Lenders prefer borrowers to have DTIs of 43% or less, though it’s possible to get a mortgage with one as high as 50%.
A 43% DTI would mean that all your inescapable monthly debt payments (minimum card payments, student, auto, and personal loans, your new mortgage, etc.) add up to 43% of your pre–tax monthly income.
When you have a co–borrower, both your incomes and debts are taken into account. So your joint DTI may be lower than your (or your co–borrower’s) alone.
And that’s good. Because it likely means you’ll be able to borrow more and be offered a lower mortgage rate than otherwise.
But the flip side is that if your co–borrower has a lot of existing debt, their DTI can actually hinder your purchasing power. So keep this in mind when deciding whether to co–borrow.
4. You could buy a bigger, better home
And some don’t need a down payment at all. That could be you if you’re buying in an area designated as rural by the U.S. Department of Agriculture (with a USDA loan) or if you’re eligible for a VA loan through the Department of Veterans Affairs. Almost always, VA loans are available only to veterans or current service members.
But, no matter how big your down payment, you can typically get a bigger and better home with a co–borrower. That’s because your lender will take both your incomes into account when calculating how much you can borrow. So you might be able to afford the sort of dream home that would have been impossible on your own.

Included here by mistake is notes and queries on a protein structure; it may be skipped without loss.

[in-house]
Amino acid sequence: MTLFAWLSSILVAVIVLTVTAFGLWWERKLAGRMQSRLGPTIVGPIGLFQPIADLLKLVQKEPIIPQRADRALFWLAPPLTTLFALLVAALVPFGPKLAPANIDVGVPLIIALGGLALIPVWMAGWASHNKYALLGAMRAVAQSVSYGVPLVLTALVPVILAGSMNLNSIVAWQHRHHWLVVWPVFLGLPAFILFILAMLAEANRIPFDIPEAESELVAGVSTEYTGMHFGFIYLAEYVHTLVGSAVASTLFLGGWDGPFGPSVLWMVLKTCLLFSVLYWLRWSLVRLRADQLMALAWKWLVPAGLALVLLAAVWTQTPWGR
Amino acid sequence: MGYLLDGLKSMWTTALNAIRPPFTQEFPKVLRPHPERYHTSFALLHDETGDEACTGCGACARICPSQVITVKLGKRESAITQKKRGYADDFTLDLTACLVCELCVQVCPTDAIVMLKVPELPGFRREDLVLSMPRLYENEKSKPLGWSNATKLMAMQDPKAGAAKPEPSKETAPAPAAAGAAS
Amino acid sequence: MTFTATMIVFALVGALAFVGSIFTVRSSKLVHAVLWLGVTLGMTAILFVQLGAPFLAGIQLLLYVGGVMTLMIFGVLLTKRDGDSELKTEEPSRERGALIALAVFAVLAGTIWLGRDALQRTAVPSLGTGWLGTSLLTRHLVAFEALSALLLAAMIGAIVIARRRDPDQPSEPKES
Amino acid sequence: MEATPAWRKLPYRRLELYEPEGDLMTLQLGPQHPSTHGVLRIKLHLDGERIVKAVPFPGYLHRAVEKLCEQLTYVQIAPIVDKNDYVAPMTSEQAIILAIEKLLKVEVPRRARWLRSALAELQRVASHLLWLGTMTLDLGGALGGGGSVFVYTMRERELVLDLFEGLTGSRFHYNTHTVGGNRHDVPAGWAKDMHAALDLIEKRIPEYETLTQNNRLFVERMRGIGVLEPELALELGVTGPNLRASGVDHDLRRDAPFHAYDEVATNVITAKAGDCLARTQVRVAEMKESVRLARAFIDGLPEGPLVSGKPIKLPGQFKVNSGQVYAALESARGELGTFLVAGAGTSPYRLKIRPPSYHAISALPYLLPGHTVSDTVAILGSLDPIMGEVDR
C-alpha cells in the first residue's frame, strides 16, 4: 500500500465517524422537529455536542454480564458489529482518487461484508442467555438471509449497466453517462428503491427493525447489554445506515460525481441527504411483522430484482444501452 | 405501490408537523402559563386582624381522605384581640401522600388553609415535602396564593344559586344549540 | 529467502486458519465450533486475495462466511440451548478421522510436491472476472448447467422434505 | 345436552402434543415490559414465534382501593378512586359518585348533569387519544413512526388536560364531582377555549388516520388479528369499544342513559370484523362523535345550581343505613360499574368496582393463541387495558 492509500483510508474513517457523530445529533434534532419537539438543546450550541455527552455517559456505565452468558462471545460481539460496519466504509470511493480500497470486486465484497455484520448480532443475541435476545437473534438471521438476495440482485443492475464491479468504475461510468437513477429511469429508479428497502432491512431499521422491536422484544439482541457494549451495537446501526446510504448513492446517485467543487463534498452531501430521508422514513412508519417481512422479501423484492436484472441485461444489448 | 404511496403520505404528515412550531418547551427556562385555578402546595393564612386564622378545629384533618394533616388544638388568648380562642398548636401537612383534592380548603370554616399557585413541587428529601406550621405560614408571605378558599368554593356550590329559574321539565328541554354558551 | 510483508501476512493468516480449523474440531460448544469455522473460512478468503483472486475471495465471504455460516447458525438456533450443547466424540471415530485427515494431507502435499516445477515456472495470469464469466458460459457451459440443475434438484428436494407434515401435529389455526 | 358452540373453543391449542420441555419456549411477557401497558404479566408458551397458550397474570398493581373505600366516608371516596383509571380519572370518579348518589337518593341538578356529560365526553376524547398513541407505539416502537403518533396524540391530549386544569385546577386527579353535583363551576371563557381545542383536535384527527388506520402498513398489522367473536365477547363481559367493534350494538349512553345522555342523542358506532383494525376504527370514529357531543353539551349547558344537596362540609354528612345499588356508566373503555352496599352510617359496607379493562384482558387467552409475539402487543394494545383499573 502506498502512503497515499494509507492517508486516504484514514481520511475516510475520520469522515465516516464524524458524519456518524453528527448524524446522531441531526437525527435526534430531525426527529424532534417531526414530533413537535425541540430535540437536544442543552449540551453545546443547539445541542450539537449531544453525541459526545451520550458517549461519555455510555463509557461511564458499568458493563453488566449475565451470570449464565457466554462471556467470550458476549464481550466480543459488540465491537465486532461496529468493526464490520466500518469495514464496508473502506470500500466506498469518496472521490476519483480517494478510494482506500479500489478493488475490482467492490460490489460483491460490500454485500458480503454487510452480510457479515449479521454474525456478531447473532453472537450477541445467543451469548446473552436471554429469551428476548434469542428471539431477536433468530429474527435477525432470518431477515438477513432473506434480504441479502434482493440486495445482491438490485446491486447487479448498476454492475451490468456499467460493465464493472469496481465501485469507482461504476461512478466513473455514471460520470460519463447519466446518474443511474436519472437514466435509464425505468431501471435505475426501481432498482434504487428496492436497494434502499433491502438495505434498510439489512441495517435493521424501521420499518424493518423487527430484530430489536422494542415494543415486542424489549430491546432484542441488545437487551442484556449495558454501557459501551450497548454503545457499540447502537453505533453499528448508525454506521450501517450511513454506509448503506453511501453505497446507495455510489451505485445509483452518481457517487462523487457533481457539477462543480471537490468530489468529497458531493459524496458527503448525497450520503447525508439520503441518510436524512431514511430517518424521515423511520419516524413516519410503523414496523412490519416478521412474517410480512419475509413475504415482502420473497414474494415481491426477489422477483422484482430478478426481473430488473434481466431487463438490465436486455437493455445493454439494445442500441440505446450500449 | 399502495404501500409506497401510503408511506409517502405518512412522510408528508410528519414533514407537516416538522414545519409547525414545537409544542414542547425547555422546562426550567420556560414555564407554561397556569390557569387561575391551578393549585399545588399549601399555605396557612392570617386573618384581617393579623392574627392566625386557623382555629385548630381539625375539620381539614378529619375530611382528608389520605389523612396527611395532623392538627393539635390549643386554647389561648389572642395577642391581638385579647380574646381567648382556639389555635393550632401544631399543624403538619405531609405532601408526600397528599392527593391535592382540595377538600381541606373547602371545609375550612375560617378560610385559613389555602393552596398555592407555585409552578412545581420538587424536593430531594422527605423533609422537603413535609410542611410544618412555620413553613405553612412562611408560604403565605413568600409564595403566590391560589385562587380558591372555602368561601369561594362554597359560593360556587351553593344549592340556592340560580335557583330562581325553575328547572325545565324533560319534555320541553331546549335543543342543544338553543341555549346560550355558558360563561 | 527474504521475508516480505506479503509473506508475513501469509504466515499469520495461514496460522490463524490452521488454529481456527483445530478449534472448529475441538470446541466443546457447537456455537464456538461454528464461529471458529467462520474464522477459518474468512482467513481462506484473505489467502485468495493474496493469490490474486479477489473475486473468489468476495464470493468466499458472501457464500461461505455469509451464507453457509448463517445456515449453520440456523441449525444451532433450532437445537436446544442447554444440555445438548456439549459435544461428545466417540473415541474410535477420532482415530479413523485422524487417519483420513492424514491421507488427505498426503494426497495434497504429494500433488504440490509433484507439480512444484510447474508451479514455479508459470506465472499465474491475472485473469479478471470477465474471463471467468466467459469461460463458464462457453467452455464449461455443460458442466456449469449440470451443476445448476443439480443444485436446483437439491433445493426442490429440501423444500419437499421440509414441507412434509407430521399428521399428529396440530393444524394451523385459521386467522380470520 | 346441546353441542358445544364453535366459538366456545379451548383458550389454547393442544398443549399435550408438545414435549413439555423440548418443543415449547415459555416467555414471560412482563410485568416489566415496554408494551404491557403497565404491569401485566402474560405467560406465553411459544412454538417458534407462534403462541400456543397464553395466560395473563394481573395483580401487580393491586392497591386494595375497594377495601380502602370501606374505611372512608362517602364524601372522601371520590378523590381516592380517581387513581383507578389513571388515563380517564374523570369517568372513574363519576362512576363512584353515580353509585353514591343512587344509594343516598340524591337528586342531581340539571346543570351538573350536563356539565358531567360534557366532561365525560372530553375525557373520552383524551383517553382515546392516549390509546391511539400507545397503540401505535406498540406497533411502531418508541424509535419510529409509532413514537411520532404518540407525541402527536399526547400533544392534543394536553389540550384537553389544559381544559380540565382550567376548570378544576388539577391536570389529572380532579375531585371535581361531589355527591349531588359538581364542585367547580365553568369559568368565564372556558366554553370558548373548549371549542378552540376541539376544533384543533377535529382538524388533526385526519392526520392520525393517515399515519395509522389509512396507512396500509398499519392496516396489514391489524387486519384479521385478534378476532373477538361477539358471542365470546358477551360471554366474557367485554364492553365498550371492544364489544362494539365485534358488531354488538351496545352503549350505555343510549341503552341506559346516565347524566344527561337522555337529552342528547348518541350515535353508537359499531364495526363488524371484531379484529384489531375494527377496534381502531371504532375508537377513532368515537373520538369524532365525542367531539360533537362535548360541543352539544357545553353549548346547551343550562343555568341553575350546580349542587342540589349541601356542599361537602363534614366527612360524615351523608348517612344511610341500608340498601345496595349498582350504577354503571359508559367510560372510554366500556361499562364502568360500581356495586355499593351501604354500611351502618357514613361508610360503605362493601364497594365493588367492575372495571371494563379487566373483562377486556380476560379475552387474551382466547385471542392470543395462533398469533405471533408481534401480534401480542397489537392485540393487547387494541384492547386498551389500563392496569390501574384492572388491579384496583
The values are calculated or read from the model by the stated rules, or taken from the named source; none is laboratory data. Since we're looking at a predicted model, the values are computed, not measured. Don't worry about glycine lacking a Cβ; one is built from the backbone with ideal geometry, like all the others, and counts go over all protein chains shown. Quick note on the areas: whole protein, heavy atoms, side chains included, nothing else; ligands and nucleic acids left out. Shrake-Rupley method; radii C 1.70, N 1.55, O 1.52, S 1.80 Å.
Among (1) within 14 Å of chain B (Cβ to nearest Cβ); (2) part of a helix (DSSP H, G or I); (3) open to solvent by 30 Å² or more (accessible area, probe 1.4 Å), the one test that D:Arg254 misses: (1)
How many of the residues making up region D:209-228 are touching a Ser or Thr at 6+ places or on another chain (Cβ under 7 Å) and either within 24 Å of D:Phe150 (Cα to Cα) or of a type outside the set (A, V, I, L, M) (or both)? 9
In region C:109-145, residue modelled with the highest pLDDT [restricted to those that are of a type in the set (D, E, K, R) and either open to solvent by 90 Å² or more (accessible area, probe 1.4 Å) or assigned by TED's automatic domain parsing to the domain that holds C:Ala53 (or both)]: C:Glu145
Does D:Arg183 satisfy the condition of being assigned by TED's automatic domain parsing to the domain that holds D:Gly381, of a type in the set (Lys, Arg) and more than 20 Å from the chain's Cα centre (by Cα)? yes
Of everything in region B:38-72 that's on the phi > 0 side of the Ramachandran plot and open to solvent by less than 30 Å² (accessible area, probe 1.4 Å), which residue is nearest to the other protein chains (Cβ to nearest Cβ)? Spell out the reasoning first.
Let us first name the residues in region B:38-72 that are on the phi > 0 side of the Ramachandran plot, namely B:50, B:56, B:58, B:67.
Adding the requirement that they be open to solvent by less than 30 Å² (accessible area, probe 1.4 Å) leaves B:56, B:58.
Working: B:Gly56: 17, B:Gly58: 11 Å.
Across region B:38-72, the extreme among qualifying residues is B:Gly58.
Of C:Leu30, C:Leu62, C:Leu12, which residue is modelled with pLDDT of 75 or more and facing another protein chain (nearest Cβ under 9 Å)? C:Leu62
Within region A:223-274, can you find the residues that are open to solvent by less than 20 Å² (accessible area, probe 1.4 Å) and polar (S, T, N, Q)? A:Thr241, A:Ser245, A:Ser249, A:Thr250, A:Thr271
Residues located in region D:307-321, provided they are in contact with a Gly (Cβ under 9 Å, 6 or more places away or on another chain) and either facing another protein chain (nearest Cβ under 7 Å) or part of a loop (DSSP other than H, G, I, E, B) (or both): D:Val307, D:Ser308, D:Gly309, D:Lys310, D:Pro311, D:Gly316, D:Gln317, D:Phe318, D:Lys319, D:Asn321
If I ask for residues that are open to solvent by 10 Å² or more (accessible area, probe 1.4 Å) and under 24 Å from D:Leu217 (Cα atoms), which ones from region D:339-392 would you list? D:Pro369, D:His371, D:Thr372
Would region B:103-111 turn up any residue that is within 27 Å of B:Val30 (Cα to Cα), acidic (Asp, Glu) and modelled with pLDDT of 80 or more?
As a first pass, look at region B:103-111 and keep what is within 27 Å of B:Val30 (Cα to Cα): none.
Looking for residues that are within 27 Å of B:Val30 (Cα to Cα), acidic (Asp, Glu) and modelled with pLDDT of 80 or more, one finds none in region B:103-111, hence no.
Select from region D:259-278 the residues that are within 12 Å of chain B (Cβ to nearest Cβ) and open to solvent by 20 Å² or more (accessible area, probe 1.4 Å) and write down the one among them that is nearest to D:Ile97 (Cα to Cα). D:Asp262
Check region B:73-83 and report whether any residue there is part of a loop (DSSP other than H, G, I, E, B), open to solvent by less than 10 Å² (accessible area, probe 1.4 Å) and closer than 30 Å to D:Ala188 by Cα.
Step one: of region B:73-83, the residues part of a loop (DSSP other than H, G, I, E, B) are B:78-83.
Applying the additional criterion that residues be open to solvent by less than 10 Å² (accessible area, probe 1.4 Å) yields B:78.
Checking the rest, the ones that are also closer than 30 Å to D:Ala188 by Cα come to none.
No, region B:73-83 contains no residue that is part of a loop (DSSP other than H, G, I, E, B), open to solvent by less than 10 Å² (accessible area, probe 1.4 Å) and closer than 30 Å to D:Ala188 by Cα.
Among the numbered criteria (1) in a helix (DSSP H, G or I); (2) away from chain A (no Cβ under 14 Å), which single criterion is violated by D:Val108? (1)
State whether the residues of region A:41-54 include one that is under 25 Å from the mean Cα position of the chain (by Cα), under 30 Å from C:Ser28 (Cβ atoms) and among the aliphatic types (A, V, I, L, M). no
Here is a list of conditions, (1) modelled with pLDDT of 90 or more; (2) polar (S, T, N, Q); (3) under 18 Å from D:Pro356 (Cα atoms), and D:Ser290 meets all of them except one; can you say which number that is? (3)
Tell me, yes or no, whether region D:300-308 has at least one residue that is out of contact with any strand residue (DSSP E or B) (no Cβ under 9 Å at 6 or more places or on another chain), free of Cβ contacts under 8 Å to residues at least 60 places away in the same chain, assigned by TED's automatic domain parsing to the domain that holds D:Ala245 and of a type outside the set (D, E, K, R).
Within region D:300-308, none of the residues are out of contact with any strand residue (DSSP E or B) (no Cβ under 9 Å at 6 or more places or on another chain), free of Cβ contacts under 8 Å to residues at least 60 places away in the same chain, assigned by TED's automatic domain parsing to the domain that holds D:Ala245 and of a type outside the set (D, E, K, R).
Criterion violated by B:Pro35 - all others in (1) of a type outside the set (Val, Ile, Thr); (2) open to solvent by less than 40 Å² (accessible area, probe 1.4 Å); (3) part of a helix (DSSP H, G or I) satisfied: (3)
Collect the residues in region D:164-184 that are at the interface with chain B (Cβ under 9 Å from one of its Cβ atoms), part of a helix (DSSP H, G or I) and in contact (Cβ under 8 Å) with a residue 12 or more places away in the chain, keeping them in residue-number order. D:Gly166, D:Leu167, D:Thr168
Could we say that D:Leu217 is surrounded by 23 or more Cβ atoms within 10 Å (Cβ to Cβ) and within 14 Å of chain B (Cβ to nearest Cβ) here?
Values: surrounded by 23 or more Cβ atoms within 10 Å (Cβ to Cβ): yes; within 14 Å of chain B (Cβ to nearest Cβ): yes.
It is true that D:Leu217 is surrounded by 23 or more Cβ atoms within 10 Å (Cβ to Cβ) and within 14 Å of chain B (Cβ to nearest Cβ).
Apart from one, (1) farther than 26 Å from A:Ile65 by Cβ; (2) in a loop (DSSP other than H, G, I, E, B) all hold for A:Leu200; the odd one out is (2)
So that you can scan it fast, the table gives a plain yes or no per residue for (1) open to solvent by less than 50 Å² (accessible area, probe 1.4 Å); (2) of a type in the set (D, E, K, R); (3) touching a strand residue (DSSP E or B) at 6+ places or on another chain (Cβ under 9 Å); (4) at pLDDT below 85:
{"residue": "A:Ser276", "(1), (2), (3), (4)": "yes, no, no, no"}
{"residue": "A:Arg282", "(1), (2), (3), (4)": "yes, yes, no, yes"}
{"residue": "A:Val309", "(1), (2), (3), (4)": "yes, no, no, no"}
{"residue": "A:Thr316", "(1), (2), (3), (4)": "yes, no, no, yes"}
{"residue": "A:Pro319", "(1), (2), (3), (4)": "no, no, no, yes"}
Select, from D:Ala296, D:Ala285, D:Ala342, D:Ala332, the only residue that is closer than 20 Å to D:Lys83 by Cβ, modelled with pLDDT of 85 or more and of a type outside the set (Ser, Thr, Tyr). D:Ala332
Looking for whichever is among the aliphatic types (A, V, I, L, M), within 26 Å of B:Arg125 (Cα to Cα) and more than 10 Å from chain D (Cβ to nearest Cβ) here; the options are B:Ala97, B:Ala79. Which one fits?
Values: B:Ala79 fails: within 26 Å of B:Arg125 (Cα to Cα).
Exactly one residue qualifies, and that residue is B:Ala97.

5. Or buy a more modest home that lets you maintain a great lifestyle
But you don’t have to borrow the full amount that a lender says you can. Some prefer to live in a less expensive home, which means that they’ll pay less each month for their mortgage.
True, you probably won’t add to your net worth quite as much as if you were to max out your borrowing. Because home prices typically rise as a percentage of the value of the property. But you and your co–borrower would have more disposable income at the end of each month. And you might prefer that.
Drawbacks of using a co–borrower mortgage
Those are the main pros of having a co–borrower on your mortgage. But what about the cons?
There are a few:
1. You won’t qualify with bad credit
If your credit score is in seriously bad shape, you probably won’t qualify for a mortgage. And you often can’t piggyback on your co–borrower’s higher score.
Chase explains how lenders typically calculate the applicable credit score for a mortgage application:
“Lenders determine what’s called the ‘lower middle score’ and usually look at each applicant’s middle score. For example, say your credit scores from the three credit bureaus are 723, 716, and 699, and your partner’s are 688, 657, and 649. Lenders will then use the lower of the two middle scores, which is 657.”
2. It can be a lopsided arrangement
Ideally, you want to co–borrow with someone who has a similar credit score, DTI, and down payment savings to yours.
You can help each other out if your financial strengths and weaknesses complement one another. But if one of you has sound and impressive finances while the other’s are the opposite, that could create issues further on down the line.
However, there may be ways around this. If one of you has higher savings, a better salary, and sounder finances, you could reach an understanding (get it in writing in an attorney–drafted, legally enforceable agreement before committing) over your different “Interests” (ownership shares) in the home.
So, for example, if you’re paying 70% of the down payment and are making 70% of the monthly payments on the mortgage, you might agree that you receive 70% of the proceeds when the home’s sold.
3. You need an exit strategy
One of you may soon find a romantic partner and wish to move in with them. Or one of you may get a new job that’s too far away from home to commute. Or perhaps one or both of you will simply tire of the co–living arrangement.